Maybe I should have named my blog Potpourri or Pastiche or simply a Savory Stew because I aim to throw a lot of different things into the pot, mostly about reading, writing and art, but many other things, too, because I’ve lived a long time and have a lot of interests. I also will include here thoughts of others I come upon who share my loves. Including those of you who care to share your thoughts and impressions.

Archive - April, 2016

When You Part Company with Your Publisher
posted by Ed Farber on April 11, 2016

Apologies for not having written here in some time. But I've been busier than normal. The reason? I am right in the middle of re-publishing my novel, Elixir of the Incas. The original publisher of the novel and I have concluded our contractual arrangement. Not on friendly terms, I might add. The reason? I had assumed that the publisher had thoroughly edited my manuscript prior to having it printed. I was wrong. A reviewer to whom I had sent the printed copy informed me, as a favor, that the book contained many editing errors, too many. The publisher’s primary job prior to printing is to see that the manuscript’s typos, etc. are eliminated so that the finished book is free from such errors.

I certainly admit that some of the errors that appeared in the printed edition were in my manuscript copy, and I did read the pre-press proof and caught some of them, but not all. As the reviewer wrote, “from my experience I know that writers are often blind to their mistakes because they read their stuff so many times—the publisher gets the blame for not catching them. That’s one of the primary things they do.” And some of the errors were not even mine, like not indenting a quote in a paragraph of dialogue, leaving off a quote mark, or an extra letter “n” added at the end of the word “silence.”

I did write to the publisher with a list of the errors and asked that the book be re-edited. I heard nothing back. In further contact, the discussion was more than heated, and the end result was that I asked that our contract be terminated since I wanted my publisher to be on my side not an adversary. The contract was terminated by return e-mail, and the book was instantly removed by the publisher from its Amazon listing, and, I suppose, anywhere else the book was listed. I did find out that the book had been initially printed through CreateSpace on a POD basis and distributed through Amazon. Obviously, the publisher was a small, independent outfit, not a major publishing company.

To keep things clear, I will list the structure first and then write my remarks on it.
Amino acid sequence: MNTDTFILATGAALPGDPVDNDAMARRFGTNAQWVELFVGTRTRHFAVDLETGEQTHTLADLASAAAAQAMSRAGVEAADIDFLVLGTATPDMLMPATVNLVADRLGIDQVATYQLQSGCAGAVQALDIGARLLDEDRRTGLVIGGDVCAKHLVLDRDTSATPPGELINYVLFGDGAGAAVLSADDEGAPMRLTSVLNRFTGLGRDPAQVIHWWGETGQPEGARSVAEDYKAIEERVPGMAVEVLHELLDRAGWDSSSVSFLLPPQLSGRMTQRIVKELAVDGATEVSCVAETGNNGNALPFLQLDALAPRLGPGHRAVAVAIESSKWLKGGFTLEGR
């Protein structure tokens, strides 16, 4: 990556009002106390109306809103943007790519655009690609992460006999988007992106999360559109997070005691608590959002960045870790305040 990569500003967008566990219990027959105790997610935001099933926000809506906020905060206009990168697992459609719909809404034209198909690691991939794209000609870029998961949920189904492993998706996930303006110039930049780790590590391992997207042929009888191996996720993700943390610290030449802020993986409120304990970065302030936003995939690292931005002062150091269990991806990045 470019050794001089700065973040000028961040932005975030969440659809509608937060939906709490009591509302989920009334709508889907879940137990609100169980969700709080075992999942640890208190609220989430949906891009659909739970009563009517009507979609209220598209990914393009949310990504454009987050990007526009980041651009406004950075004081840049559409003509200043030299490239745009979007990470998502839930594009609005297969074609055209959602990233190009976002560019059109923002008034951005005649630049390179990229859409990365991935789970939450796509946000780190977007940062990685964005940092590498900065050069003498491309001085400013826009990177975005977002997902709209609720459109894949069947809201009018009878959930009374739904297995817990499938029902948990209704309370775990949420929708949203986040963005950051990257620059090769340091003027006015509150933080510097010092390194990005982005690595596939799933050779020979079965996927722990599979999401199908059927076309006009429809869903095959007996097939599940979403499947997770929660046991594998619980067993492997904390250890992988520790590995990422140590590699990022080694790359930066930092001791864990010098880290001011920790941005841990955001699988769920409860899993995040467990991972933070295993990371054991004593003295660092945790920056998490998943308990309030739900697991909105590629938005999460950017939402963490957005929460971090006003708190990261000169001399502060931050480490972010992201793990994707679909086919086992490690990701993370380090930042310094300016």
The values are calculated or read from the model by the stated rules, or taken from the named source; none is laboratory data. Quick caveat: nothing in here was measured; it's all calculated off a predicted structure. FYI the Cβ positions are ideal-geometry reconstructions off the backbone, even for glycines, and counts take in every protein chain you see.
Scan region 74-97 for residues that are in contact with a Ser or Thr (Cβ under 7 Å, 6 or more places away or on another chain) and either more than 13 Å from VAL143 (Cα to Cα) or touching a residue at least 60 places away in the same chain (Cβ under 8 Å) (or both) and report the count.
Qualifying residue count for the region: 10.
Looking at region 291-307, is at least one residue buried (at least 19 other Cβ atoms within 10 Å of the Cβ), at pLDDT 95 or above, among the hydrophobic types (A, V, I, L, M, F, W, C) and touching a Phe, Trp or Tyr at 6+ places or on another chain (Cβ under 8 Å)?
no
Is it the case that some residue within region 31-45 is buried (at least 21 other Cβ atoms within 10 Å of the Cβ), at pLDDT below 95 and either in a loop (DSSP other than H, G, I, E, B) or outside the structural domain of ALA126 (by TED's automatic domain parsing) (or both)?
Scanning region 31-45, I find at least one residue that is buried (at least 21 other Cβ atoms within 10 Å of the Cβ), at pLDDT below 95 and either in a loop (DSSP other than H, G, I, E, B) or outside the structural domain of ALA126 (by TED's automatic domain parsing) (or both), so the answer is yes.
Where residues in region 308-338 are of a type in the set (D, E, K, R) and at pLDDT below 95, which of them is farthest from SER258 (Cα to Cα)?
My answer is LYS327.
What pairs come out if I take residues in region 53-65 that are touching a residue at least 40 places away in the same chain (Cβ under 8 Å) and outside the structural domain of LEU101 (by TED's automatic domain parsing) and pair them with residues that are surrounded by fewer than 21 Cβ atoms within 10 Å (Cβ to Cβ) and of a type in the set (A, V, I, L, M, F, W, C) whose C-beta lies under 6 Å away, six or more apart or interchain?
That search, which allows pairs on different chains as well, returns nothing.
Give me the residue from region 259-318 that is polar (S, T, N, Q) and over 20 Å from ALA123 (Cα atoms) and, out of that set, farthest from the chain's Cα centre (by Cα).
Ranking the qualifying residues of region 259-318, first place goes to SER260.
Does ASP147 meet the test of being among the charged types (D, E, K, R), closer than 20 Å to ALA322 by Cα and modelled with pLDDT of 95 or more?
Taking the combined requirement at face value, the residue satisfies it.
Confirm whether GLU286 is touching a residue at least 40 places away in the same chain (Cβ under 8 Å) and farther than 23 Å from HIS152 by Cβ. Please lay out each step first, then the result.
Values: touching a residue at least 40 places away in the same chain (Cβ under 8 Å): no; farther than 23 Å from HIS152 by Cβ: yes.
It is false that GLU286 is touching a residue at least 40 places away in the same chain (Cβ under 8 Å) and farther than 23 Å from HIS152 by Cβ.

What comes next? I inquired at Amazon and was told that the only way to have the book re-listed was to begin all over again. I could have tried to find another publisher, but that would have taken an unknown, but probably lengthy amount of time. I decided to self-publish. And that’s where I am right now--having the book thoroughly re-edited and having a new cover design created. However, according to Amazon, I will lose the excellent 5-star reviews the book earned despite the poor editing.

In conclusion, I learned that while most authors dream of having their book accepted and printed by a publisher, that dream could become a nightmare.

While self-publishing is no easy matter, in recent years it has become a giant alternative to the traditional way books were published. And, most importantly, it is totally under the control of the!